… "terrorism" means premeditated, politically motivated violence perpetrated against noncombatant targets by subnational groups or clandestine agents.

Even taking into account selective outrage concerning perpetrators and victims, it is evident that killing innocent people is generally considered a key element of terrorism. That animal advocates, overwhelmingly nonviolent, could be described as terrorists at all indicates the epistemological confusion surrounding this highly-politicized term, with its shifting, malleable meanings. That top FBI officials and government officials identified them as the main domestic terrorist threat in the U.S. is ludicrous, particularly when we juxtapose campaigns by activists who explicitly reject violence with the history of actual terrorism, used as a "coercive tool[…]" of foreign policy by powerful states for centuries to maintain global capitalism, involving extensive violence estimated at between 170-200 million deaths in the twentieth century alone (Blakely 2011:1). Characterizing activists as terrorists demonstrates the term's highly-subjective political determination (Jackson 2009). Corporations that profit from exploitation and commodification of animals influence media and government to define their critics as illegitimate and form policies to impose higher penalties for actions that would otherwise be categorized as minor offenses, such as trespassing or vandalism. Ecoterrorism discourse shifts focus from criticism of their operations, generated by activists who provide evidence of gruesome, shockingly brutal practices that are standard in agricultural, research, captivity and entertainment industries. Rather than having to defend the violence they inflict upon billions of animals every year, industries present themselves as victims of violence committed by "animal rights extremists" and "ecoterrorists."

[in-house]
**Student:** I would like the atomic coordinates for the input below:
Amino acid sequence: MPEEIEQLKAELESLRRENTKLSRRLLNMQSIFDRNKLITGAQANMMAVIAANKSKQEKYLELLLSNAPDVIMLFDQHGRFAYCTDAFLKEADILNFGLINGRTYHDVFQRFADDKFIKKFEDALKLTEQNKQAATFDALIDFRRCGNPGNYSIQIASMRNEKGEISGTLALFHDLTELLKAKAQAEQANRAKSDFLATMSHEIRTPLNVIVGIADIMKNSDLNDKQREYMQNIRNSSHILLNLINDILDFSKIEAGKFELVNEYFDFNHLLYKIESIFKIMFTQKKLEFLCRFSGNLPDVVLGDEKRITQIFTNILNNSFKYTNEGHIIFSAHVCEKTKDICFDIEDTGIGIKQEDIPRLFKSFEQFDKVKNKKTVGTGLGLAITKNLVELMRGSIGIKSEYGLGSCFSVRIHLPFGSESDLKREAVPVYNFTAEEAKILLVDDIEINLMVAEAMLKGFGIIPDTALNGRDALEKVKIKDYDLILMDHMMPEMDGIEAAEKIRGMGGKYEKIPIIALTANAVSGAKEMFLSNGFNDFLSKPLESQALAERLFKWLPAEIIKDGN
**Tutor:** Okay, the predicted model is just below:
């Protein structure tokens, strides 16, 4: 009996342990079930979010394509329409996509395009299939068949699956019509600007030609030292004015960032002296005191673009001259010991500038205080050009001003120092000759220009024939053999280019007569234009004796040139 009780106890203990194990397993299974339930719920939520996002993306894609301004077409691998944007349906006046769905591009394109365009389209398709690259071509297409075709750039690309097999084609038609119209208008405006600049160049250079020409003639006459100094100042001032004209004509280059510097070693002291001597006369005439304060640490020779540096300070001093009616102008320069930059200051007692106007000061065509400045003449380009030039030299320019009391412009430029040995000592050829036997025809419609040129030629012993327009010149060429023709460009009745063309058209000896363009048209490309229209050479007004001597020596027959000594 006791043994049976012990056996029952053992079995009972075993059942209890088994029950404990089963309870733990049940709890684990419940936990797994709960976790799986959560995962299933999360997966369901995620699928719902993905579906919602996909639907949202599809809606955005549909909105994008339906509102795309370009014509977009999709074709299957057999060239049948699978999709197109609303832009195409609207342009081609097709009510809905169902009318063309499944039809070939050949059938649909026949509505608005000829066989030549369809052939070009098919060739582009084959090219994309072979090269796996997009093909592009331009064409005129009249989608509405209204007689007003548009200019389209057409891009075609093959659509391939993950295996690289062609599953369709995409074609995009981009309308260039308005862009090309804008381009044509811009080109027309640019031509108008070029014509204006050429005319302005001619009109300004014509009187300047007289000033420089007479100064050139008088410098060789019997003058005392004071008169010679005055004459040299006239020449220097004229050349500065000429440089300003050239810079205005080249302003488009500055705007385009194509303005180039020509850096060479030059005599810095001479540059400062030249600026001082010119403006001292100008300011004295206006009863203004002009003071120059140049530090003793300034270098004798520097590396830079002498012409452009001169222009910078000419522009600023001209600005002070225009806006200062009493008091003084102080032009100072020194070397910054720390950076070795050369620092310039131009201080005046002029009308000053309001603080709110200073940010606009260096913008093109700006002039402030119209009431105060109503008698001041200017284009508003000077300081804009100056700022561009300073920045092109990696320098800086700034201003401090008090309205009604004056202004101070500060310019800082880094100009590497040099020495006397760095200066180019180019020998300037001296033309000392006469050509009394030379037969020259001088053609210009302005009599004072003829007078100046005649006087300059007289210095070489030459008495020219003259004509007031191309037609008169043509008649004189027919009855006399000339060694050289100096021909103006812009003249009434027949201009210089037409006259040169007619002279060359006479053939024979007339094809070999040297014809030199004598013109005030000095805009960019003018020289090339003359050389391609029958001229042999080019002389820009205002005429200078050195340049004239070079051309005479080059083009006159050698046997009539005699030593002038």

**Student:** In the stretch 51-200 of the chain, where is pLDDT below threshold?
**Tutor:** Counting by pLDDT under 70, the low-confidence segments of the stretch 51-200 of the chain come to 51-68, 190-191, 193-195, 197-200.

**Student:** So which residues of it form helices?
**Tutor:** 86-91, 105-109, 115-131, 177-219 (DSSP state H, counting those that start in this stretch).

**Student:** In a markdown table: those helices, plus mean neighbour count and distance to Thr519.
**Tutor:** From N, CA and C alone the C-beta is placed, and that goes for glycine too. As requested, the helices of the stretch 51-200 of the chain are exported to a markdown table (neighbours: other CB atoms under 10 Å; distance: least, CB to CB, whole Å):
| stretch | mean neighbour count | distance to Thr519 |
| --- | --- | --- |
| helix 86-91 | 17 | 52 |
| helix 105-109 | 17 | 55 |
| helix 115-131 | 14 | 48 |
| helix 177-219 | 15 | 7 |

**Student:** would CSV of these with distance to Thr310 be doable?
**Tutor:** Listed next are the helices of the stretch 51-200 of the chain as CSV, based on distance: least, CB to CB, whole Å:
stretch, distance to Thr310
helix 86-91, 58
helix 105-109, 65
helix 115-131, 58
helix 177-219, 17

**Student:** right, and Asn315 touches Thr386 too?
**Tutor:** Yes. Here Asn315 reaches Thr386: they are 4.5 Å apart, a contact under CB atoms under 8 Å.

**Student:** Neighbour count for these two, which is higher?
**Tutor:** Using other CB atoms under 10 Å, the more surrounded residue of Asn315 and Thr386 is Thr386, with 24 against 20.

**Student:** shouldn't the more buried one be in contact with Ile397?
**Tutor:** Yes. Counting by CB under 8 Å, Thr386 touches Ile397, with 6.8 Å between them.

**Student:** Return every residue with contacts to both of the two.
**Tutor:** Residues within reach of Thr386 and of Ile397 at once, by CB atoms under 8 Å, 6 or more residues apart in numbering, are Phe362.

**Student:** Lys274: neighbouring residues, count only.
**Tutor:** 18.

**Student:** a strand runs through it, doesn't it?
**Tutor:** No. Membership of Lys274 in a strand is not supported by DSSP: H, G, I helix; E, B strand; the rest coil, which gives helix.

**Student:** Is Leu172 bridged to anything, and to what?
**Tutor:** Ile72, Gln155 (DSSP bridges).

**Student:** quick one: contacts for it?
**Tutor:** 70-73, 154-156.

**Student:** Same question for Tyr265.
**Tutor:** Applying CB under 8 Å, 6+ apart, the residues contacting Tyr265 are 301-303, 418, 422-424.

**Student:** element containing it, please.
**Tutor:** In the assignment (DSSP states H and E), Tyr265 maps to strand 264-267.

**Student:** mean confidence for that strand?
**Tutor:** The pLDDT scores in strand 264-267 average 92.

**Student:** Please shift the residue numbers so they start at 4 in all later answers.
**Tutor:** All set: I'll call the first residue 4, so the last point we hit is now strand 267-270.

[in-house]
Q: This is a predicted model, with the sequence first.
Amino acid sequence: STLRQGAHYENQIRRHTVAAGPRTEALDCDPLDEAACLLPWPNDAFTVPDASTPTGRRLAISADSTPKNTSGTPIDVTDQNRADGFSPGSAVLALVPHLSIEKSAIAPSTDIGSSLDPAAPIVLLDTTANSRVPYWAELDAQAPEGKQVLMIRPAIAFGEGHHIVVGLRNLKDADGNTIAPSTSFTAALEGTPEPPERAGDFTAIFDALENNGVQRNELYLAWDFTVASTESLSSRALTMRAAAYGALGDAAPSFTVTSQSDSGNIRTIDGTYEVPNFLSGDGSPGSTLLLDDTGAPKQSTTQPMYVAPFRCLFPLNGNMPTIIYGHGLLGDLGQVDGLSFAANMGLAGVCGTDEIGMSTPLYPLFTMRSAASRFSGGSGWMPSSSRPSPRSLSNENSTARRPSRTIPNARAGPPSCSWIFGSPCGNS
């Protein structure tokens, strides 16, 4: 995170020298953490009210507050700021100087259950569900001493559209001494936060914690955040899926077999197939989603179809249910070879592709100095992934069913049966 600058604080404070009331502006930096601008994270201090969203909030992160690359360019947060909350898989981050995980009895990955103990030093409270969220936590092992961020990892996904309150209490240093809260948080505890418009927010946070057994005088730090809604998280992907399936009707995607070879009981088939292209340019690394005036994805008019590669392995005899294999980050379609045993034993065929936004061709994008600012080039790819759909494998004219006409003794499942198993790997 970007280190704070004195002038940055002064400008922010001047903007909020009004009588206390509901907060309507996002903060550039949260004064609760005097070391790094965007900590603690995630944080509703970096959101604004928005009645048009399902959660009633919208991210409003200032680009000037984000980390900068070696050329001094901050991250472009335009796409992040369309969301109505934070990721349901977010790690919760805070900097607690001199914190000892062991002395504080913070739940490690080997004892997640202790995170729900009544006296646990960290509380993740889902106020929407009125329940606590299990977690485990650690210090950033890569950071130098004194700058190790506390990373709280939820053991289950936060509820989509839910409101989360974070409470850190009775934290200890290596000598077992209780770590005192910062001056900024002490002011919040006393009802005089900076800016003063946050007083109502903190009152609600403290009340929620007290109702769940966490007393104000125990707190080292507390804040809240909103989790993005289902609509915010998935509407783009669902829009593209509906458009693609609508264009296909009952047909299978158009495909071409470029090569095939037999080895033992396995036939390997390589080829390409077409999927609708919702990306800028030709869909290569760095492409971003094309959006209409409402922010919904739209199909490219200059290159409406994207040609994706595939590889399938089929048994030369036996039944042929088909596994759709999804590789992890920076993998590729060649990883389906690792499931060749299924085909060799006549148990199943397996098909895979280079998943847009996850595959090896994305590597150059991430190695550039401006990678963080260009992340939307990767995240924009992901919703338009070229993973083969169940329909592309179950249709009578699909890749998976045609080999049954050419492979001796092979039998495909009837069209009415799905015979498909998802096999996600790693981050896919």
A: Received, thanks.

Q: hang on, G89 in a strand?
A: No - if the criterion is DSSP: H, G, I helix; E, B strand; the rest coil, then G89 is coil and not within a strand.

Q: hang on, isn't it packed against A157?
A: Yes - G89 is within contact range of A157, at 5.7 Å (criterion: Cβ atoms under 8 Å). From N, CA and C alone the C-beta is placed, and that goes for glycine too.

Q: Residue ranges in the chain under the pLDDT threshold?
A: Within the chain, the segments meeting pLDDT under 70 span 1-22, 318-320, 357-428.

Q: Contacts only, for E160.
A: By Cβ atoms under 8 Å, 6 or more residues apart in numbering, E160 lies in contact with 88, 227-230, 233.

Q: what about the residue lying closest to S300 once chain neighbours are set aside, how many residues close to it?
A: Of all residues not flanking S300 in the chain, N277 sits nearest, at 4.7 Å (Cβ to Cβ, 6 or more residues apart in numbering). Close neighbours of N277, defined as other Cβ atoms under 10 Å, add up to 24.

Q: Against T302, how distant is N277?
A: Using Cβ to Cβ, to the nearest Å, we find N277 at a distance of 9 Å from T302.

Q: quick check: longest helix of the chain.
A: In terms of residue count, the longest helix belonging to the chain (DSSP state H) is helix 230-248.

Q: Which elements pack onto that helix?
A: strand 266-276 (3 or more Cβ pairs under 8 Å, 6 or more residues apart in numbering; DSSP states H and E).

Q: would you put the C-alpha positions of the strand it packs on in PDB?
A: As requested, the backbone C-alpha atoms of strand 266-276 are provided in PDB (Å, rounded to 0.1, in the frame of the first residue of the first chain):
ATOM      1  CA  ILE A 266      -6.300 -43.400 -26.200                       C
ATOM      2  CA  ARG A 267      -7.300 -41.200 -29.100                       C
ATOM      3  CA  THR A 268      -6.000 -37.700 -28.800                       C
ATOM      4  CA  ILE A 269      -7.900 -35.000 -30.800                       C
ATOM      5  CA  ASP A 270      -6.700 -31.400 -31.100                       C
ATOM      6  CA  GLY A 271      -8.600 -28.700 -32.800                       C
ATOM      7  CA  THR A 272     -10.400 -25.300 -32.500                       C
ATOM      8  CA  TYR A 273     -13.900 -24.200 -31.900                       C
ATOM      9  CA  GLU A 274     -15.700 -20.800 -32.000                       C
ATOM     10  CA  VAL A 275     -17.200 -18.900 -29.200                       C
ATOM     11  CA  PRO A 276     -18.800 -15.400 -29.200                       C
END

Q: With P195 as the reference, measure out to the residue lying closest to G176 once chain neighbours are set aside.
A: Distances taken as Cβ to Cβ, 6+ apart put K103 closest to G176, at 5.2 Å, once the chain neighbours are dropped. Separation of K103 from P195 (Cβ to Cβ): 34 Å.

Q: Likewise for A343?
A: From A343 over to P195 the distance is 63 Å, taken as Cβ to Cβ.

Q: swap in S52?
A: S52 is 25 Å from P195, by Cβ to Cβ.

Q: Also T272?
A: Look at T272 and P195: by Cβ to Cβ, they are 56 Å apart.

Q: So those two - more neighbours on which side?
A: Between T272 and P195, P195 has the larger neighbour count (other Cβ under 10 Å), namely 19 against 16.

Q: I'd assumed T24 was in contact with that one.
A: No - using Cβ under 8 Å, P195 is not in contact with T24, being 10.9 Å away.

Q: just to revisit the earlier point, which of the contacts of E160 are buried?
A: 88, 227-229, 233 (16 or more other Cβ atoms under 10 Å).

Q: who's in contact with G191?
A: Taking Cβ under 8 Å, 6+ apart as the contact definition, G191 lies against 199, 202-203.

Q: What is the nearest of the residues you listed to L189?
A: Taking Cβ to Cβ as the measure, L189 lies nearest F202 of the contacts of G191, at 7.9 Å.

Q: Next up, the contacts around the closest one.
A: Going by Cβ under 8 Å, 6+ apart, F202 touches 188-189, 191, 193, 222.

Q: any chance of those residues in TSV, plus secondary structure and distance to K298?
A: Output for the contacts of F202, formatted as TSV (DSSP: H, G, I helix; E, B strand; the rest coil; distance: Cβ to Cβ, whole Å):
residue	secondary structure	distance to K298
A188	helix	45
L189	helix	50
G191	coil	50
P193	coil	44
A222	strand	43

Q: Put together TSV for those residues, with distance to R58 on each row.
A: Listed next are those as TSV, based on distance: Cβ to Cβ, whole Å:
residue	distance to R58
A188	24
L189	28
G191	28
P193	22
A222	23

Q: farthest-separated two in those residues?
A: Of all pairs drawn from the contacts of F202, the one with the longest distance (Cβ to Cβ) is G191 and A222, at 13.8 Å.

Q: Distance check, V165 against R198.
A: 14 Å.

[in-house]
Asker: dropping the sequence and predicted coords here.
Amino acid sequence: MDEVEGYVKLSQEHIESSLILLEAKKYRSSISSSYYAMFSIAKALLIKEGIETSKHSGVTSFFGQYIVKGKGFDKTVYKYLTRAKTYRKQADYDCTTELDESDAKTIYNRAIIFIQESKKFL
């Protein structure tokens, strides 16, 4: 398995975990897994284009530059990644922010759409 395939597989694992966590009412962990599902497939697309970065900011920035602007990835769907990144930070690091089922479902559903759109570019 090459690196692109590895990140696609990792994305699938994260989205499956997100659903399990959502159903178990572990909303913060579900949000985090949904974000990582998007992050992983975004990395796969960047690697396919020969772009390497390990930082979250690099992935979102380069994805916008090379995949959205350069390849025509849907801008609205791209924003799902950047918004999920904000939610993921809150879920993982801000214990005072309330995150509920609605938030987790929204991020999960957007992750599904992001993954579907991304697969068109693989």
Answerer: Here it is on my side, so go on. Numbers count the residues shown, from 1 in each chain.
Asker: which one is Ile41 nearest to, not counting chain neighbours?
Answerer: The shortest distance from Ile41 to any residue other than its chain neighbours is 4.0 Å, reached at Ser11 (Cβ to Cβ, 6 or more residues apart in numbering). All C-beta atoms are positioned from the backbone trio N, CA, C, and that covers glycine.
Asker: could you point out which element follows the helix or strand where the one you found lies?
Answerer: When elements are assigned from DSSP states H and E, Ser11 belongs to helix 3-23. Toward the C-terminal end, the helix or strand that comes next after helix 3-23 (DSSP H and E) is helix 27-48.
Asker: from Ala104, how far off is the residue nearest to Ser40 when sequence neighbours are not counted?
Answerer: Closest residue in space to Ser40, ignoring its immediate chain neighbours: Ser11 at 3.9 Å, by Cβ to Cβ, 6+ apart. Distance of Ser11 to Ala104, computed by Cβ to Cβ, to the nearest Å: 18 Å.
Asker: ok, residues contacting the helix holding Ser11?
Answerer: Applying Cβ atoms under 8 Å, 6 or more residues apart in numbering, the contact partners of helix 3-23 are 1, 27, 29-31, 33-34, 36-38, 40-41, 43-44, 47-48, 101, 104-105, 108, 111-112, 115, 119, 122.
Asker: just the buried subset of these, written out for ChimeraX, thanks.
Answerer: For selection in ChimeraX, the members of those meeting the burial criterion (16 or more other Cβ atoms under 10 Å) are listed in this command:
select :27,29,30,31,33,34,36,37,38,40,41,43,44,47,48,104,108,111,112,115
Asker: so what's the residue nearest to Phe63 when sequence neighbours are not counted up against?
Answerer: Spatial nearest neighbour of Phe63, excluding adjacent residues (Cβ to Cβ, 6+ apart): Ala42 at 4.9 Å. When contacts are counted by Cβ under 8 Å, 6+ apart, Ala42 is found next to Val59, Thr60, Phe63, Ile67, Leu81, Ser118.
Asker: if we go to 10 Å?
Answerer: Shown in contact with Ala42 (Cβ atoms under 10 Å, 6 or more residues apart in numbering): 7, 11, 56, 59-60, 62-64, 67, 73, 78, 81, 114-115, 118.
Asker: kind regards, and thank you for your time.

For more information on Constructing Ecoterrorism check out Fernwood Publishing for this and other great titles.

John Sorenson is a full professor in the Sociology department at Brock University, where he gives courses on animals and society, racism, and corporate globalization. Much of his research has been on war, nationalism and refugees. His books include Culture of Prejudice: Arguments in Critical Social Science; Ghosts and Shadows: Construction of Identity and Community in an African Diaspora; Imagining Ethiopia: Struggles for History and Identity in the Horn of Africa; Disaster and Development in the Horn of Africa; and African Refugees. His current research concerns the exploitation of animals, representation of animals and animal rights as a social justice movement His most recent book is Ape (Reaktion Books).